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MatangI, RajasI, 'the fierce;' and Rakta-dantI, 'red or bloody toothed'

DEVI BHAGAVATA PURANA, A Shiva Purana, which is by some placed among the eighteen Puranas instead of the iSri Bhagavata, which is devoted to Vishnu. This is devoted to the worship of the Saktis.

DEVI MAHATMYA 'The greatness of Devi.' A poem of 700 verses, which celebrates the triumphs of Devi over various Asuras. It is the text-book of the worshippers of Devi, and is read daily in her temples. It is an episode of the Markan<feya Purana, and is also called Chanrfipa/ha.

DHANA-DA 'Giver of wealth.' Kuvera, the god of riches.

DHANAN-JAYA 'Conqueror of riches.' A title of Arjuna and of several others.

DHANANJAYA VIJAYA 'Victories of Dhananjaya' (Arjuna). A drama in one act on the exploits of Arjuna when in the service of the Raja Vista.

DHANA-PATL 'Lord of wealth.' Kuvera .

DHANEtfWARA 'Lord of wealth,' It., Kuvera.

DHANUR-VEDA The science of archery, the military art .

DHANWANTARL 1. Name of a Vedic deity to whom offerings at twilight were made in the north-east quarter. 2. The physician of the gods, who was produced at the churning of the ocean. He was a teacher of medical science, and the Ayur-veda is attributed to him. In another birth he was son of Dirghatamas, and his "nature was exempt from human infirmities, and in every existence he had been master of universal knowledge." He is called also Sudha-pani, 'carrying nectar in his hands,' and Amrita, 'the immortal.' Other physicians seem to have had the name applied to them, as Bhela, Divo-dasa, and Palakapya. 3. A celebrated physician, who was one of "the nine gems" of the court of Vikrama. See Nava-ratna.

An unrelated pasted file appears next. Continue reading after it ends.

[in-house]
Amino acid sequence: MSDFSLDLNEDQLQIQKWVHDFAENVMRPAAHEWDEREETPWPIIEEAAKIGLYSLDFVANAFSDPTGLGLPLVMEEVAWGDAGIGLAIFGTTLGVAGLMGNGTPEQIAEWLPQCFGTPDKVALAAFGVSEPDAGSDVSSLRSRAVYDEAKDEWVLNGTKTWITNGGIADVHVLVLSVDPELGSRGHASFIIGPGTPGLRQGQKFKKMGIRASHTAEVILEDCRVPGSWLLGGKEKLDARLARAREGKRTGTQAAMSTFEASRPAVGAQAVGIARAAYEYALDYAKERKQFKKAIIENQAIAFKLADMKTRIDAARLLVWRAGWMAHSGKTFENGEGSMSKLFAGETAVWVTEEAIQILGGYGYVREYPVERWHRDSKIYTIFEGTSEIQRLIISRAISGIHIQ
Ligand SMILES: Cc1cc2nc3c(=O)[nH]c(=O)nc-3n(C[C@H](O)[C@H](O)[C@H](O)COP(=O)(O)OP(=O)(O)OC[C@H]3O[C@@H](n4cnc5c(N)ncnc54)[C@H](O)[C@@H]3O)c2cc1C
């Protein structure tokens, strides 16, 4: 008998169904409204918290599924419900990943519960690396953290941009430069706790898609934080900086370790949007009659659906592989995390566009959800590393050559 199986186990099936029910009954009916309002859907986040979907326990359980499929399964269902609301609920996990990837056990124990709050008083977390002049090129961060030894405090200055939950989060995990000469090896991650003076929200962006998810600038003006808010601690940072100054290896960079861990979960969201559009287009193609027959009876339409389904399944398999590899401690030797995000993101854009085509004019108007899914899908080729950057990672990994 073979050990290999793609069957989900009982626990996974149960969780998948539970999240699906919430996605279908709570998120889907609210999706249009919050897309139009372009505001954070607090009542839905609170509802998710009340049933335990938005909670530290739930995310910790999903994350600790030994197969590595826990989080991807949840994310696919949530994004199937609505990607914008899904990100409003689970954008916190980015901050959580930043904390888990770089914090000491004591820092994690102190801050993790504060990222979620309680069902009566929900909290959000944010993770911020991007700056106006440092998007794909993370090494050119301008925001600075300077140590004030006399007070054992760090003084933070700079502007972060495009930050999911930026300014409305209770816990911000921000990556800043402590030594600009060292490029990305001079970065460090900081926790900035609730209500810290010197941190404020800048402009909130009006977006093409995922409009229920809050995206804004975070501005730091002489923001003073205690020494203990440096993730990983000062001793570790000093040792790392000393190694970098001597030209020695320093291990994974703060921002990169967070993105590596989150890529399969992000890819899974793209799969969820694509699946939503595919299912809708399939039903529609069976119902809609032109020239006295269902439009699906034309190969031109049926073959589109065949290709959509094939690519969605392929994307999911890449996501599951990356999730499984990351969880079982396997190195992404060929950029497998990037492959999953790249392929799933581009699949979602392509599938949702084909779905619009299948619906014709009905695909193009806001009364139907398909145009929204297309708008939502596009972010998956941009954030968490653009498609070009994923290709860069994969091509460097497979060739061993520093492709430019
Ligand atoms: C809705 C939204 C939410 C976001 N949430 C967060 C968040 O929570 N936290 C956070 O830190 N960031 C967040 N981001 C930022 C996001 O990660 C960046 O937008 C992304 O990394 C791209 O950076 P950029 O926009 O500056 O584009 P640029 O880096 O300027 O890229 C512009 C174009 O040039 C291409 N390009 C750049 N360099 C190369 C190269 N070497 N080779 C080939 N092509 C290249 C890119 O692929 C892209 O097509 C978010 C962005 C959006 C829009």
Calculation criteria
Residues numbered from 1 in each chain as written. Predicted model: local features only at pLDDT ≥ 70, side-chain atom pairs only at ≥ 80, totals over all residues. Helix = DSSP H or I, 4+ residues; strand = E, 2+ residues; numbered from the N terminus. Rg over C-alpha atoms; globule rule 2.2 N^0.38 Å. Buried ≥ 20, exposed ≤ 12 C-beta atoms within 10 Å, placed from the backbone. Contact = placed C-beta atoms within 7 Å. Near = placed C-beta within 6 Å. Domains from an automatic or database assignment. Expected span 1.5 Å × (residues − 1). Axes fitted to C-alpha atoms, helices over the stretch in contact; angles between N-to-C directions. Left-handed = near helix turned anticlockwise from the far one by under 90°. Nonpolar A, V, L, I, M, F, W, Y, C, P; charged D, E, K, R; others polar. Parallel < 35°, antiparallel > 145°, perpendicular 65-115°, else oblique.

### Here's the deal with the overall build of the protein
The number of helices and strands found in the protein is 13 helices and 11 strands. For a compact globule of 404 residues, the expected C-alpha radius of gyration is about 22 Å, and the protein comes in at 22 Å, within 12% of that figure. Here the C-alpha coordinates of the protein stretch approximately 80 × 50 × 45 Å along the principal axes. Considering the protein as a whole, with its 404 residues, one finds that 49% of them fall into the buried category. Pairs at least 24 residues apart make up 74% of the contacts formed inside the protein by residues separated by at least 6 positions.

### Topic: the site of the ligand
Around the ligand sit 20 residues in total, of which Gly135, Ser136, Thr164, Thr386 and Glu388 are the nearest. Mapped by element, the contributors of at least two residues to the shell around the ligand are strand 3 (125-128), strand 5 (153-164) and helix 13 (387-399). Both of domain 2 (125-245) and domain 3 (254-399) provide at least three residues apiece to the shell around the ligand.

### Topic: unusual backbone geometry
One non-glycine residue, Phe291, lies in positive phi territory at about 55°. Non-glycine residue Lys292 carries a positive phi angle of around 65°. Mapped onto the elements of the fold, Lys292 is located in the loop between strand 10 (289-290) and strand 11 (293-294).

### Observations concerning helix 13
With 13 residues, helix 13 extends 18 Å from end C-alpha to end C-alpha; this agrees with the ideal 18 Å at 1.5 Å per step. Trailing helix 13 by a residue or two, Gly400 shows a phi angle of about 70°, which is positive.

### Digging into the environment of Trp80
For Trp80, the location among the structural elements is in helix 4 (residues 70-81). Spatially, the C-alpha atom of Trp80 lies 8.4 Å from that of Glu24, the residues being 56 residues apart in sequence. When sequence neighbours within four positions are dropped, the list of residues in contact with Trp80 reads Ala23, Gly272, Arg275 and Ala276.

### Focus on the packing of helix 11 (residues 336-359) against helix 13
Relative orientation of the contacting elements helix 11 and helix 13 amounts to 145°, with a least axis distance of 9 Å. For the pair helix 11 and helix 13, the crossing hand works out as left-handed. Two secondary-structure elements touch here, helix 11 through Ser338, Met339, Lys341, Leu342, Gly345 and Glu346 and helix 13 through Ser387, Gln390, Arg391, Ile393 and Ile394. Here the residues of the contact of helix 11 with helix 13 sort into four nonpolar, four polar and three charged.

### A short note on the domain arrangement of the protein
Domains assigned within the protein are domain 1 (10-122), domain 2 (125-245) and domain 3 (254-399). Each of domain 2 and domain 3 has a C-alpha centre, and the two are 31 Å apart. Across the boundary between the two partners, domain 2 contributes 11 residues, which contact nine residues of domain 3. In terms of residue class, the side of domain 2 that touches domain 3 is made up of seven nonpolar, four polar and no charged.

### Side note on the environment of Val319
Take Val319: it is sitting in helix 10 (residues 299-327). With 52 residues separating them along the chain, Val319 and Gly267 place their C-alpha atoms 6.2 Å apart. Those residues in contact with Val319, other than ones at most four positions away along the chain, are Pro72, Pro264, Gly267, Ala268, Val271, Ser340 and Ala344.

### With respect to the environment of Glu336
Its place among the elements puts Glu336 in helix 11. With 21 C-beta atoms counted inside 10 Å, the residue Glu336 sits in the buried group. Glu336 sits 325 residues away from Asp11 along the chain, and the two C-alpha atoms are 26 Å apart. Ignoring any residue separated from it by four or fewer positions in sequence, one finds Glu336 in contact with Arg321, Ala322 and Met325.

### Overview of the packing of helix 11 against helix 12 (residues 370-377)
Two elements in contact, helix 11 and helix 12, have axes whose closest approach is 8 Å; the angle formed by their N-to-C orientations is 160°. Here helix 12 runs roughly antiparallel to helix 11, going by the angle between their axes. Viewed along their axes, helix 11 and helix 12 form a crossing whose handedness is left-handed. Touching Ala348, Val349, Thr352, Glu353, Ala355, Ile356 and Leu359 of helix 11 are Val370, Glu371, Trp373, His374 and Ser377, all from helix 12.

DHARAVL The earth. The wife of Parasu-rama.

DHARMA, DHARMA-RAJA 'Justice.' A name of Yama, the judge of the dead.

DHARMA An ancient sage, sometimes classed among the Prajapatis. He married thirteen (or ten) of the daughters of 'Daksha, and had a numerous progeny; but all his children "are manifestly allegorical, being personifications of intelligences and virtues and religious rites, and being therefore appropriately

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wedded to the probablo authors of the Hindu code of religion and morals, or the equally allegorical representation of that code, Dharma, moral and religious duty."—Wilson.

DHARMA-PUTRA 'Son of Dharma.' A name of Yudhish/hira.

DHARMARAiVYA A sacred grove. 1. A forest in Madhyadesa into which Dharma retired. 2. A city mentioned in the Ramayana as founded by Amurta-rajas, son of Kara.

DHARMA-RAJA 1. Yama, king of the dead 2. A title of Yudhi-sWhira, who was mythically a son of Yama .

DHARMA-SASTRA A law-book or code of laws. This term includes the whole body of Hindu law, but it is more especially applicable to the laws of Manu, Yajnawalkya, and other inspired sages who first recorded the Smriti or "recollections" of what they had received from a divine source. These works are generally in three parts:—(1.) Achara, rules of conduct and practice; (2.) Vyavahara, judicature; (3.) Prayaschitta, penance.